03 September 2015 10:55:01 IST

Are perceptions hurting your brand?

When you get into your jobs, it is important to worry about brands and its perceptions

Perception is reality — this is a statement that one hears quite often. What it means is that perceptions can be so well entrenched and deep rooted that people tend to take them as gospel truth, even if they have just a grain of truth in them. Let’s talk about a couple of real life perceptions before moving to the world of marketing, and how perceptions can affect brands.

“People from the North are more aggressive than those in the South”. Now, this is a popular perception, irrespective of its truthfulness. We form opinions of people based on these perceptions and even make decisions on the strength of these perceptions.

Perception in the world of marketing

Now, let’s move on to the world of marketing. “Chinese goods are of poor quality”: This is a fairly common perception in India, for instance, and is also something that can hurt the brands in question. Whilst some countries like Japan or Germany flaunt themselves as “countries of origin” of some brands, the Chinese may not. Let’s look at the advertising of a famous brand like Haier, which is originally from China. Watch their advertisement here .

While it is an interesting product concept and a truly Indian execution, notice that nowhere is the brand talking about its origin country. It probably has its reasons, but my suspicion is that it does not wish to talk about it, instead choosing to portray itself as a truly global brand, that adapts itself wonderfully to India and its customs.

German engineering, on the other hand, is something that has been the basis of many of top cars of the world and as a race, they are justifiably proud of their engineering ability. Brands like Mercedes Benz, BMW, Volkswagen and Audi come to mind. But not all perceptions about Germans are positive, as I discovered in my own personal experience. However, I am not here to talk about an isolated experience but about Lufthansa.

German airline surprises Indian flyers

Lufthansa is a popular German airline, the largest in Europe that I have travelled several times by in the past. Although now, I do not do so. The reason? I find the food and service, not to mention the prices, much better in other airlines like Emirates and Etihad. My own experience was that it was a cold, if clinically efficient airline. I found the food indifferent and the entertainment programs minimal. But it did take me to Frankfurt and the US later on time. Now, with the emergence of several competing brands, Lufthansa has this new commercial and press ad. Watch it here .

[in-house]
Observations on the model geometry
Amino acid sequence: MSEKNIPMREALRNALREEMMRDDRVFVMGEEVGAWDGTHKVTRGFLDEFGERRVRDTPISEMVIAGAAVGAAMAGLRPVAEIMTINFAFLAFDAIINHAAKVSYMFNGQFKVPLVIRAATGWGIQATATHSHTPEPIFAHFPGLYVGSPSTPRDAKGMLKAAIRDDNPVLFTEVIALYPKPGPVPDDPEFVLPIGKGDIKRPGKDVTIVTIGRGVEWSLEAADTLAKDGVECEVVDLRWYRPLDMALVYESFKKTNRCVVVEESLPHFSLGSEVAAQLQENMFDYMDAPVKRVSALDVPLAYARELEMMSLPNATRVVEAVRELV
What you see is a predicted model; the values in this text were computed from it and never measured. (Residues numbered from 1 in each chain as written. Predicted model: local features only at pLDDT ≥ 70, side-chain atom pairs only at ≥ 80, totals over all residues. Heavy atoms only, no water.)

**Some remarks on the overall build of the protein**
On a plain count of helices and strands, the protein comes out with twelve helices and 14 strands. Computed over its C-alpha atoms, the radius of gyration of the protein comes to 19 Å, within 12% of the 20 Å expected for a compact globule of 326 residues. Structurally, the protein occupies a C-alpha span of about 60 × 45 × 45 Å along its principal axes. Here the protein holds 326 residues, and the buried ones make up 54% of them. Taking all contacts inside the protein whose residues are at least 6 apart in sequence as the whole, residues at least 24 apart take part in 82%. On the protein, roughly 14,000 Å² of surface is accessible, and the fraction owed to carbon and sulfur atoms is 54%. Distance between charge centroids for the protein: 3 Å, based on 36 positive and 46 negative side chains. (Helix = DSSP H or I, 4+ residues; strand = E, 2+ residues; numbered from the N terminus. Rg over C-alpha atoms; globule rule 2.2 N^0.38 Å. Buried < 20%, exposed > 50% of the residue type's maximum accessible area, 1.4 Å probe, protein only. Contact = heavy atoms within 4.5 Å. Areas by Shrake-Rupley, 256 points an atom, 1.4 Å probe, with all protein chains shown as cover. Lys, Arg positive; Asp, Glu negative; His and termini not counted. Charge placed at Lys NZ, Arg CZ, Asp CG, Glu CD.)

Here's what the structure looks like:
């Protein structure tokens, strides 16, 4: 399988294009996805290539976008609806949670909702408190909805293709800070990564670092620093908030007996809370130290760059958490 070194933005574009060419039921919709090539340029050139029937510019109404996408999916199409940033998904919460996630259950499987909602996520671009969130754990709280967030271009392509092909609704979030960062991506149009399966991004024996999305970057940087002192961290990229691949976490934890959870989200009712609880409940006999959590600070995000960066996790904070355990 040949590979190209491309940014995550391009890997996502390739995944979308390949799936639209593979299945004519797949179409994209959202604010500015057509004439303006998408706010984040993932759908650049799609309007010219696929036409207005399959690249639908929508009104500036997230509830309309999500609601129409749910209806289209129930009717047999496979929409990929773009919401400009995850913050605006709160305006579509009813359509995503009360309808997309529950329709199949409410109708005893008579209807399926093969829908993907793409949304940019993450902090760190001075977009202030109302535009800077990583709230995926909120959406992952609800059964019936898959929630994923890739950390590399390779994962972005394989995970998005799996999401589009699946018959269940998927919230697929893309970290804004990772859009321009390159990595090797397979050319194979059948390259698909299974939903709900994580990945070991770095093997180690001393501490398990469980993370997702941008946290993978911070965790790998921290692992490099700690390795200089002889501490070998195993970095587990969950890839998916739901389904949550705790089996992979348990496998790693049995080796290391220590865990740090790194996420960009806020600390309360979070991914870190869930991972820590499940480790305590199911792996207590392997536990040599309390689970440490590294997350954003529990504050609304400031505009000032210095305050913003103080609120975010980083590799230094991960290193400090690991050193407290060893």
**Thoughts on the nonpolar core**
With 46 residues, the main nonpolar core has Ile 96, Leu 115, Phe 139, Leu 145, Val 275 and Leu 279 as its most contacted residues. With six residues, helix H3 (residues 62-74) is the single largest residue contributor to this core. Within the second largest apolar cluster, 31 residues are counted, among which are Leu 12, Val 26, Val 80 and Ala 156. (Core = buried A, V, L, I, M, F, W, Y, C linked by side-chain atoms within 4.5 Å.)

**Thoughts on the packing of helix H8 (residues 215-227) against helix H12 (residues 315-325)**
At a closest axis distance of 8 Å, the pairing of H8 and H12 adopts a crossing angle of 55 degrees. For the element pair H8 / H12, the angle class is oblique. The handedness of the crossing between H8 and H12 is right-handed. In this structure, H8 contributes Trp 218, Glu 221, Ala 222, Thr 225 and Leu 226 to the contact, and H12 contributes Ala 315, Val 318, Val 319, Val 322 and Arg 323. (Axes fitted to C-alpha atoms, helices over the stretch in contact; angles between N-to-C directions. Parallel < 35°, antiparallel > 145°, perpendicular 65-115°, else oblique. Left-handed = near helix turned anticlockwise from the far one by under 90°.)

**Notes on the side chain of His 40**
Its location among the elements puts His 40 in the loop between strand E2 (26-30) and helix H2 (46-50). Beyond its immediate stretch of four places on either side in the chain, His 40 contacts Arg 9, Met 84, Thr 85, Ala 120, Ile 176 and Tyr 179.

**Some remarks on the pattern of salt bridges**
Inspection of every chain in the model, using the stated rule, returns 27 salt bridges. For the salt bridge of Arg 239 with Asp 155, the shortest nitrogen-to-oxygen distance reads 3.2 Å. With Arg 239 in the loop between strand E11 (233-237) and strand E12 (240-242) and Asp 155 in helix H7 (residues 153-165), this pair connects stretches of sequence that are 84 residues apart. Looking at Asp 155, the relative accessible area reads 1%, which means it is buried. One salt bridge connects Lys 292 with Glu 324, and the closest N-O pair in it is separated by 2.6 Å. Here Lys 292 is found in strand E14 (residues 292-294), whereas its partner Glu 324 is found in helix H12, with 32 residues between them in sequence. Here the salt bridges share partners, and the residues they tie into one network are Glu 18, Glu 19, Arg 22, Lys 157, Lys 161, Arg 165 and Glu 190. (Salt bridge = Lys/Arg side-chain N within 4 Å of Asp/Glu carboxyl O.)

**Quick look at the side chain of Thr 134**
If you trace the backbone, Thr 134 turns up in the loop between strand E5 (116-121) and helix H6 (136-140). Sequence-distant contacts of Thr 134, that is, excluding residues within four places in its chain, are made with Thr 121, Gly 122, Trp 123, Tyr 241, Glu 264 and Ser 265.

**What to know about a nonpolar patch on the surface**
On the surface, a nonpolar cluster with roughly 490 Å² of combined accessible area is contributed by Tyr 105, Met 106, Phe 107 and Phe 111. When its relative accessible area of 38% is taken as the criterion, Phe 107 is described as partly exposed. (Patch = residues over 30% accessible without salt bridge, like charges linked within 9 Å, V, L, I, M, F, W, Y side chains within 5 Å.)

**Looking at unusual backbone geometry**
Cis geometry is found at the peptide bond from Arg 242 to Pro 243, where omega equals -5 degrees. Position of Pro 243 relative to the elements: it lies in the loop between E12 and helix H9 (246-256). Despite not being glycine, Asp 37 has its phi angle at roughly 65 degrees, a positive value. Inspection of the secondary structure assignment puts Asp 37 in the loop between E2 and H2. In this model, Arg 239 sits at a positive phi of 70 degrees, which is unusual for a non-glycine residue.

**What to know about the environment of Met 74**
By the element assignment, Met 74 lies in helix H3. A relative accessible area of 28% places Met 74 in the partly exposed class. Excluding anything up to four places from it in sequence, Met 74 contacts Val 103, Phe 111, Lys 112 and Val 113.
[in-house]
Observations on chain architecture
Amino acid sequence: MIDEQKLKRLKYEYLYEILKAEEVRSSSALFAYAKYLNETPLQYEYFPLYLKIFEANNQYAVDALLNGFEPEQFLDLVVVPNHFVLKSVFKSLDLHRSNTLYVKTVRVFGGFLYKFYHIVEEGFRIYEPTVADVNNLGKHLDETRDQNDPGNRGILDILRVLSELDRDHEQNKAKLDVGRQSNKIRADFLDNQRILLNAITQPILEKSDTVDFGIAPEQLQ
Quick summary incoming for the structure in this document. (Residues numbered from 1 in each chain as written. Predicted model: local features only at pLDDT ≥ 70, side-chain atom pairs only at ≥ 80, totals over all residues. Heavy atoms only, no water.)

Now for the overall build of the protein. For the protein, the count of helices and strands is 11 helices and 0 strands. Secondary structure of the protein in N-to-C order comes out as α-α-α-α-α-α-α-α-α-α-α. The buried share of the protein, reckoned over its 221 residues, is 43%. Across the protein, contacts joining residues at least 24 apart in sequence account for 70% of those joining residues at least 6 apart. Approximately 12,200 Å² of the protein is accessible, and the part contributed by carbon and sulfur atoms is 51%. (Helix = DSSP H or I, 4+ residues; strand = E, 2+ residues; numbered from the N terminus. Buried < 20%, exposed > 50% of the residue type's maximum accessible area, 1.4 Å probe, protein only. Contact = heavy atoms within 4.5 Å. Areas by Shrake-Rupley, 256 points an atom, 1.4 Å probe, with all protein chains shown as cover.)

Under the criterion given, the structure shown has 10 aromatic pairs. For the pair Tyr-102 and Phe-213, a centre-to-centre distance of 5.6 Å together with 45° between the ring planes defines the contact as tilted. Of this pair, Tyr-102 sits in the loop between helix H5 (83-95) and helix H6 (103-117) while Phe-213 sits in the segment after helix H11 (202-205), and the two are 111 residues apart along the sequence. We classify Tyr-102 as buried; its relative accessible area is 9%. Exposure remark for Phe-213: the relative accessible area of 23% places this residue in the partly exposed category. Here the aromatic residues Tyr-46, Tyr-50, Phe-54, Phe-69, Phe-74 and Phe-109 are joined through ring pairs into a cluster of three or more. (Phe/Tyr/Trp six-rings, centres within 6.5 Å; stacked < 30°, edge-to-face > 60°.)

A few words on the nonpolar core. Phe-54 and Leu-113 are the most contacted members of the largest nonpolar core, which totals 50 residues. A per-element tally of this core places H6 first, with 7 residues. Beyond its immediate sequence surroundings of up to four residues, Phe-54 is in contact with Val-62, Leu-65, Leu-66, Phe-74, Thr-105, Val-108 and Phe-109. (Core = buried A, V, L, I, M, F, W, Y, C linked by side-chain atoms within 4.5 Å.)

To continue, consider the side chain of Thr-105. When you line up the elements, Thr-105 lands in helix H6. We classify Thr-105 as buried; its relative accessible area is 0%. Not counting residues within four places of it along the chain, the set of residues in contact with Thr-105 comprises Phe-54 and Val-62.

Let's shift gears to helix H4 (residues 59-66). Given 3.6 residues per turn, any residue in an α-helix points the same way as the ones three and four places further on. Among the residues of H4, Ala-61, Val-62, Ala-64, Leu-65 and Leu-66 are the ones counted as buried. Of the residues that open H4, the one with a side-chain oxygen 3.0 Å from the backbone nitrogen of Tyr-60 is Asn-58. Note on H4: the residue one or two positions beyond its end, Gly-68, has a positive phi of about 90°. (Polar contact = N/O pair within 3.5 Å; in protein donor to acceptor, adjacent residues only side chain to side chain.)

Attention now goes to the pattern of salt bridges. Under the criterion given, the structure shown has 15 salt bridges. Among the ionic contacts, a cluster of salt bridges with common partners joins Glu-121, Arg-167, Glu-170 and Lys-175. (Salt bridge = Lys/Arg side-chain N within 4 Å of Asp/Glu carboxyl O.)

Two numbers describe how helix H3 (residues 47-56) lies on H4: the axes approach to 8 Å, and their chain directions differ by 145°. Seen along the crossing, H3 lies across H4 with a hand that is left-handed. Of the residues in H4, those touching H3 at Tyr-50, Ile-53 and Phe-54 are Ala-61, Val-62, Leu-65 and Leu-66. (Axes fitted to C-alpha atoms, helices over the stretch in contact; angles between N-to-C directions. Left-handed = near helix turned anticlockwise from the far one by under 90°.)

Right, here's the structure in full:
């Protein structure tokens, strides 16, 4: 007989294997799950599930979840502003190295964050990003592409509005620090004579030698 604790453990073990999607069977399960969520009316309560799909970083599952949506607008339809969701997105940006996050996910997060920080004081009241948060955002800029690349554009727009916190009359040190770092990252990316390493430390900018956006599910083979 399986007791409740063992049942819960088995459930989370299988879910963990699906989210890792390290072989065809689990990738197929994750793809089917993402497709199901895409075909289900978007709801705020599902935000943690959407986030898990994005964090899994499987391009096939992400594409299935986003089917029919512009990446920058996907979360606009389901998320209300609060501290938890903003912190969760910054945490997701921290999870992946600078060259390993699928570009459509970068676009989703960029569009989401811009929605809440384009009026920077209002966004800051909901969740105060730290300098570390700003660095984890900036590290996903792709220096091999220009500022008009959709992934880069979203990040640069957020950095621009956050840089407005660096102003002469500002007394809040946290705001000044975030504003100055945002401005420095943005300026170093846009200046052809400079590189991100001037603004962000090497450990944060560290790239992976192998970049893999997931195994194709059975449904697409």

Before I comment on this, let’s take a look at the press ad, as it makes a point too. Not surprisingly, it says punctuality and precision are expected and delivered, whilst everything else, like the customer service, is unexpected as they exceed expectations.

Let’s move on the commercial now. Grandchildren have unquestioned faith on their doting grandparents and often see the world through their grandparents’ eyes, as this commercial depicts. The grandpa tells the grandson that they are going to New York to meet the boy’s dad and the child is, obviously, excited. The grandfather goes on to tell him they are going by Lufthansa, a German airline. He speaks of Germans in a slightly deprecatory tone. He says they are different, thereby implying that they are difficult to understand. They don’t know Bollywood, he says derisively, and their food is not worth speaking about. The day of travel comes and as the two enter the plane, an Indian stewardess welcomes them warmly with a ‘namaste’. The boy gives a slightly surprised look, which turns even greater when the stewardess brings him a full course Indian meal, prompting the child to say “Grandpa we are in the wrong plane!” The grandfather, smiling benignly, says that everything is fine, as it actually is.

All about preception

Clearly, research has thrown up certain negative perceptions about the brand and Germans as a race, and this communication attempts to address it. Will one commercial address all this? Certainly not, but the brand’s ability to accept that it may have a problem and that India and its customers matter to it, is the point to be noted here. And that certainly works in its favour. Customers will continue to watch the brand and see if these are mere advertising claims or if the brand actually means what it says.

So when you get into your jobs, worry about your brands, consumers and perceptions. See that they don’t hurt you.

To read more from the author of the Third Umpire, click here .